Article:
E. coli is also a major cause, along with the group B streptococci, of meningitis and sepsis in neonates. Exposure of the newborn to E. coli and group B streptococci occurs during birth as a result of colonization of the vagina by these organisms in approximately 25% of pregnant women. E. coli is the organism isolated most frequently from patients with hospital-acquired sepsis, which arises primarily from urinary, biliary, or peritoneal infections. Peritonitis is usually a mixed infection caused by E. coli or other facultative enteric gram-negative rod plus anaerobic members of the colonic flora such as Bacteroides and Fusobacterium.
Specimens suspected of containing enteric gram-negative rods, such as E. coli, are grown initially on a blood agar plate and on a differential medium, such as EMB agar or MacConkey’s agar. E. coli, which ferments lactose, forms pink colonies, whereas lactose-negative organisms are colorless. On EMB agar, E. coli colonies have a characteristic green sheen. Some of the important features that help distinguish E. coli from other lactose-fermenting gram-negative rods are as follows: (1) it produces indole from tryptophan, (2) it decarboxylates lysine, (3) it uses acetate as its only source of carbon, and (4) it is motile. E. coli O157:H7 does not ferment sorbitol, which serves as an important criterion that distinguishes it from other strains of E. coli. The isolation of enterotoxigenic or enteropathogenic E. coli from patients with diarrhea is not a routine diagnostic procedure.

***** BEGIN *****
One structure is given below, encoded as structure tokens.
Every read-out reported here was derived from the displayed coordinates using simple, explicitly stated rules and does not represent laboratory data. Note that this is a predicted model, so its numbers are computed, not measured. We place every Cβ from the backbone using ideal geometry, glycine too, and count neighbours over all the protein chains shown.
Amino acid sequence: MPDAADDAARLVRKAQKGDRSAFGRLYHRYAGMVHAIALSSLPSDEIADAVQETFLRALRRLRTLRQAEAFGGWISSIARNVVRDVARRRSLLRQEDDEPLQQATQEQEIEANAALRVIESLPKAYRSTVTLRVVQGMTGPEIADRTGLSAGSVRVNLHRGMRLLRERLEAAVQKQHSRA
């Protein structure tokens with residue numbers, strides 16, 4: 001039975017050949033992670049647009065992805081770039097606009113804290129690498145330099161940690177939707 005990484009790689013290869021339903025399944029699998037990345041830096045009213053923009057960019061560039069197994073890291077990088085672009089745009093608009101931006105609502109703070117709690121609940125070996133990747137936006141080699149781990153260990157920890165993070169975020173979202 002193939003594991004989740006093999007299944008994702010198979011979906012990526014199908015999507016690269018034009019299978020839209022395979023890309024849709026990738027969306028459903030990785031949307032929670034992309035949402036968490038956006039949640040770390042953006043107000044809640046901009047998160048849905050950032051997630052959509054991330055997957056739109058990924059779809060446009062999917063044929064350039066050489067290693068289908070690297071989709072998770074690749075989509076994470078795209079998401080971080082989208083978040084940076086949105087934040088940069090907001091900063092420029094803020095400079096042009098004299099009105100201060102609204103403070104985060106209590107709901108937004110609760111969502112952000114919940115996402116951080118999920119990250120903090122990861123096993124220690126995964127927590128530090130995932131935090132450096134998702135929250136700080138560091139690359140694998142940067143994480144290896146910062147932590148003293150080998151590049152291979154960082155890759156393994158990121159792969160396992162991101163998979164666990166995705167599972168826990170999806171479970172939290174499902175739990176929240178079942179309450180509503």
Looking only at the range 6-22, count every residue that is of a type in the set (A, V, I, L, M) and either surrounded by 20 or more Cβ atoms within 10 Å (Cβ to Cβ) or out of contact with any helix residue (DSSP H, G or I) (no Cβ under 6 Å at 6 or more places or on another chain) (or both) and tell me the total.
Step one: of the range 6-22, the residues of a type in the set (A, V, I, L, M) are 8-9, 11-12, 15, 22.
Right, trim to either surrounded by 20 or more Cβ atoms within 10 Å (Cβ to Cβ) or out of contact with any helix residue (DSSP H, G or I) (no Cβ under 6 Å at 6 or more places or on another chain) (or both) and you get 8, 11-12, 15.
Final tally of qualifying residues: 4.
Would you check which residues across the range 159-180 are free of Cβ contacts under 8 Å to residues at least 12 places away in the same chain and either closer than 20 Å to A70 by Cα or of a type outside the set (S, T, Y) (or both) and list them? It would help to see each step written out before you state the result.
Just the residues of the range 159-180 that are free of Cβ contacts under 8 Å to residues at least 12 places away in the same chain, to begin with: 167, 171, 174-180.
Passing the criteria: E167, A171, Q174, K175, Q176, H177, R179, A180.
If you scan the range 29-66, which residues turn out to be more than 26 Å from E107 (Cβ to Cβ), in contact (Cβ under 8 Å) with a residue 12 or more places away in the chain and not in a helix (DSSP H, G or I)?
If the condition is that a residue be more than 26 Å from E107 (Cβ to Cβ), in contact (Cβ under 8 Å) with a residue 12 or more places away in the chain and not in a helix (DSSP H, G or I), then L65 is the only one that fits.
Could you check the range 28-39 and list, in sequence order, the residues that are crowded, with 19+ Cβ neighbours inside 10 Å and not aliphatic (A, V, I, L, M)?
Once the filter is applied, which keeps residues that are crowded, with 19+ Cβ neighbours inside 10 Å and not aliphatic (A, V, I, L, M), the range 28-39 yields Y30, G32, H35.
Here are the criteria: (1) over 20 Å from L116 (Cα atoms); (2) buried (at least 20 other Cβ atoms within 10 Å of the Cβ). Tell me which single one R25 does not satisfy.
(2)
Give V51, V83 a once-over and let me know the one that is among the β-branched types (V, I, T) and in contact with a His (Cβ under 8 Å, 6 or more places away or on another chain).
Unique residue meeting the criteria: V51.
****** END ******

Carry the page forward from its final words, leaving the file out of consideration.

Treatment of E. coli infections depends on the site of disease and the resistance pattern of the specific isolate. For example, an uncomplicated lower urinary tract infection (cystitis) can be treated using oral trimethoprim-sulfamethoxazole or nitrofurantoin. Pyelonephritis can be treated with ciprofloxacin or ceftriaxone. However, E. coli sepsis requires treatment with parenteral antibiotics (e.g., a third-generation cephalosporin, such as cefotaxime, with or without an aminoglycoside, such as gentamicin). For the treatment of neonatal meningitis, a combination of ampicillin and cefotaxime is usually given. Antibiotic therapy is usually not indicated in E. coli diarrheal diseases. However, administration of trimethoprim-sulfamethoxazole or loperamide (Imodium) may shorten the duration of symptoms. Rehydration is typically all that is necessary in this self-limited disease.